Suicide and the thought of harming yourself or wanting to ‘stop getting in other peoples way’ is not an easy conversation to have, it was not easy for me to admit these thoughts, this feeling, it is not ‘crying wolf’ It is a serious emotional and mental health issue.  One that you should not ever apologise for having, it is not ‘stupid’ it is not ‘weak’ it is simply that you cant see a way forward.

You don’t need to apologise for hounding your Doctor, for calling the Samaritans, turning up at your local A and E Department if you can’t think of anywhere else to turn or even calling for an ambulance.

There are plenty of people who want to help.

And help you they will.







There is no witty title for this one, no sarcasm and no humour; I am without.

This is one of those few blogs where I just open my heart up.

This weekend has been full of emotion.  It was a weekend that had been planned to be fun, full of laughter and enjoyment with my daughter, my best friend and his son; thankfully they appeared to enjoy it, although maybe by the end of the time away my upset began to show.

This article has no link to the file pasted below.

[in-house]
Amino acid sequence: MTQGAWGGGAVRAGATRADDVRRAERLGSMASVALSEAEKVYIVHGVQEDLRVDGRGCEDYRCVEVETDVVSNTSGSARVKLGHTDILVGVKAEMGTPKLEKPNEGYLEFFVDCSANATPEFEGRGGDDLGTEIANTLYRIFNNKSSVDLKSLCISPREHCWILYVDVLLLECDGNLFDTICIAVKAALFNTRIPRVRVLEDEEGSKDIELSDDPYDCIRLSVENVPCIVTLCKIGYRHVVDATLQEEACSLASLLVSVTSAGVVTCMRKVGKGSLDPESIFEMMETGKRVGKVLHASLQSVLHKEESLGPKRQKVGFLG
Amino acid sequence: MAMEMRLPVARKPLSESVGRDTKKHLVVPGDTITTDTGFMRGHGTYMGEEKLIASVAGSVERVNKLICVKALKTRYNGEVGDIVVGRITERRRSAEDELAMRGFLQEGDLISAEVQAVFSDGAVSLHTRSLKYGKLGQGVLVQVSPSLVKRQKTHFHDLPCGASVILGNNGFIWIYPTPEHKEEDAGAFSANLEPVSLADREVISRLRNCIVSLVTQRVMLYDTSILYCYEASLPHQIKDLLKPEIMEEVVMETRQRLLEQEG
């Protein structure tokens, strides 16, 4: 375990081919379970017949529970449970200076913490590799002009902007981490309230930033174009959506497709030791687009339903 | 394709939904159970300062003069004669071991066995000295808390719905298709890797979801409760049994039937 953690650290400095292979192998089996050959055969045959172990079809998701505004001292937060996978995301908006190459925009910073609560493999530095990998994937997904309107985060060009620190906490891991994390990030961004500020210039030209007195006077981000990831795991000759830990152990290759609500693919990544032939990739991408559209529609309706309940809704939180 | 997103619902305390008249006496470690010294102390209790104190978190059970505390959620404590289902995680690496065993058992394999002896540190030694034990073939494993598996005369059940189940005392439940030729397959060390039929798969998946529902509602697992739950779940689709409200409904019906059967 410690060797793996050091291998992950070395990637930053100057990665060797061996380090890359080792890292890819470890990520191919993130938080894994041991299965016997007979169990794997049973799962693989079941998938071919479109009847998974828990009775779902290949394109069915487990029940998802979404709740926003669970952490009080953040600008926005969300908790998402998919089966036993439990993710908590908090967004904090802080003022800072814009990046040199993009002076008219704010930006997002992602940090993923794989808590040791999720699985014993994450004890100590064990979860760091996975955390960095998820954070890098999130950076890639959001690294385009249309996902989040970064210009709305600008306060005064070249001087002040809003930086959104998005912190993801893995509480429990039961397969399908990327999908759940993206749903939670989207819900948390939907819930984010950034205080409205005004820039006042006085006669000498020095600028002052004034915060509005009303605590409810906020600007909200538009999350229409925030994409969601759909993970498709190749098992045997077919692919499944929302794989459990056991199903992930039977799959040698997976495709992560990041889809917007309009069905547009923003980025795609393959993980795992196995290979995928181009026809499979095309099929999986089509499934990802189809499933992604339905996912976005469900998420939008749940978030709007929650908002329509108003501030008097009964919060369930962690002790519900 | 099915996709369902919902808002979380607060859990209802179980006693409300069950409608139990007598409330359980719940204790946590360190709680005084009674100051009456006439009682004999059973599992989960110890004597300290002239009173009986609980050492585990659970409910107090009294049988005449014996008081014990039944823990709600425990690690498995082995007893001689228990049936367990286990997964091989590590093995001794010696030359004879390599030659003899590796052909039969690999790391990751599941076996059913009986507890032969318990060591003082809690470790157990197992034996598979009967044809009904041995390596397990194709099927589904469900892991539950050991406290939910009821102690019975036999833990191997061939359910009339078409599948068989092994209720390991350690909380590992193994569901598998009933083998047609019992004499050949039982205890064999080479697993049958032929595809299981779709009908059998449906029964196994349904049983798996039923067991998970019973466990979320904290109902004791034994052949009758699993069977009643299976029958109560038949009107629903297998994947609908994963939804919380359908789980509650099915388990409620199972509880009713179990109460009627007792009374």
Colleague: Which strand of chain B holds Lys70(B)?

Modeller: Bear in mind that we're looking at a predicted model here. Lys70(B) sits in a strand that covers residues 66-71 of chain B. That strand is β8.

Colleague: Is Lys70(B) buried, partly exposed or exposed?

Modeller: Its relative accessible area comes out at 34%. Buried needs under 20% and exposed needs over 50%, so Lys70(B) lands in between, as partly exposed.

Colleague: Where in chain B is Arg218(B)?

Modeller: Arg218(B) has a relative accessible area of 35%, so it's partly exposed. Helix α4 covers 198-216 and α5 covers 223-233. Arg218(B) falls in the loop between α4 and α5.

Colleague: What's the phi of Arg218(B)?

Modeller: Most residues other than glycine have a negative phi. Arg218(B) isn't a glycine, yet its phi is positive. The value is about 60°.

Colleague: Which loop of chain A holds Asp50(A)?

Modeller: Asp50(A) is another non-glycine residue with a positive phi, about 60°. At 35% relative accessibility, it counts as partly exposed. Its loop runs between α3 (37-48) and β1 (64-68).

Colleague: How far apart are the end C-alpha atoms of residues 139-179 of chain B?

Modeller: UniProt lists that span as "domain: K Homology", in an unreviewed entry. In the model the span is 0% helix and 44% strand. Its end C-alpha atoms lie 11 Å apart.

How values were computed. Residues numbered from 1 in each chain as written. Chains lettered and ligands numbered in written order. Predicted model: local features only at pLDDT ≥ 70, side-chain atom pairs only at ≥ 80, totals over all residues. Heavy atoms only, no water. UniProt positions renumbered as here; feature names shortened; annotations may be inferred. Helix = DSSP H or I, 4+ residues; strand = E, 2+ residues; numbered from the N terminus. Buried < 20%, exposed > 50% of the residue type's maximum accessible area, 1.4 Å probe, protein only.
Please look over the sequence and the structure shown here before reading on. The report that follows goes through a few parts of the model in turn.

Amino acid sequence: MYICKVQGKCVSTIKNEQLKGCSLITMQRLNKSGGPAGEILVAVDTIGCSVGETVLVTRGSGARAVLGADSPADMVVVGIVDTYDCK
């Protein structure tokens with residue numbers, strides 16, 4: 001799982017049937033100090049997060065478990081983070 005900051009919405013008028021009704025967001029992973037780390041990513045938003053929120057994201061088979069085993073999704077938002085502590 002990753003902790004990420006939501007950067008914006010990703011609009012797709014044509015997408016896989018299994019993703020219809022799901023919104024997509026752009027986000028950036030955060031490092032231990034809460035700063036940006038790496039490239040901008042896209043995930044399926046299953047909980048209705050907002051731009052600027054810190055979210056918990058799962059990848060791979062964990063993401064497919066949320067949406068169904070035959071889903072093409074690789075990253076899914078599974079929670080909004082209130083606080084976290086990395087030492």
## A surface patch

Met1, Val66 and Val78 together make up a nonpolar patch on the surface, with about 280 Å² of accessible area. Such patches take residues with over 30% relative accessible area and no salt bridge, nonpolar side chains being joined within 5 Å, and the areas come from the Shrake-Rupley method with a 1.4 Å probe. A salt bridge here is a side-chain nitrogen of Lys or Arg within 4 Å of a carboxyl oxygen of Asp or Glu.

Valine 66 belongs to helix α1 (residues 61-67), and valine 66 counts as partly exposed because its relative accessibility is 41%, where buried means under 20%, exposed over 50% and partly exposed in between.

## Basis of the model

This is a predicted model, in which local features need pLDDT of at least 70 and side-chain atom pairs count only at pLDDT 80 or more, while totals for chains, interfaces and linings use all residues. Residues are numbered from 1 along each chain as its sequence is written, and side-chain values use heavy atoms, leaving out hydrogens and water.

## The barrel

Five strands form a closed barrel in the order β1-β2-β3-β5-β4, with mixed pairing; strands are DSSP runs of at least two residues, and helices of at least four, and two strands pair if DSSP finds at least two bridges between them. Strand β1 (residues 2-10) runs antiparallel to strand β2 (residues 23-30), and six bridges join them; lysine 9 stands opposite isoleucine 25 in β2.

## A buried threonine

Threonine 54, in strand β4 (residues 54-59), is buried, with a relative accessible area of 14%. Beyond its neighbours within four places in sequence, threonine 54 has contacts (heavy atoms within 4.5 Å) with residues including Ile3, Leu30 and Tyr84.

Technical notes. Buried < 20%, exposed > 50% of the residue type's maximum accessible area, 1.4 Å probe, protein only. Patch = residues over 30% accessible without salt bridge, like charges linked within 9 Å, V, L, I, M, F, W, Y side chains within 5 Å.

It would appear; if only to me that by hearing less I am actually not able to see as much either!

My sight has not changed by any great degree, but when I find myself struggling to hear in a situation, I also find seeing more of a struggle too.

Maybe it is because I am not getting the sound clues that I rely so heavily on to fill in the gaps that I miss with my vision.  Maybe it is totally in my head (as some have suggested)

All I know, is that which ever it is.  It has completely thrown my idea of the world upside down and has left me feeling RAW and unable to cope.

I have cried, I have screamed and I have hidden it all from my daughter.  She doesn’t understand, mostly because I am not sure that I even do.

How do you explain RAW to a child?

And if you do know, can you please explain it to me ?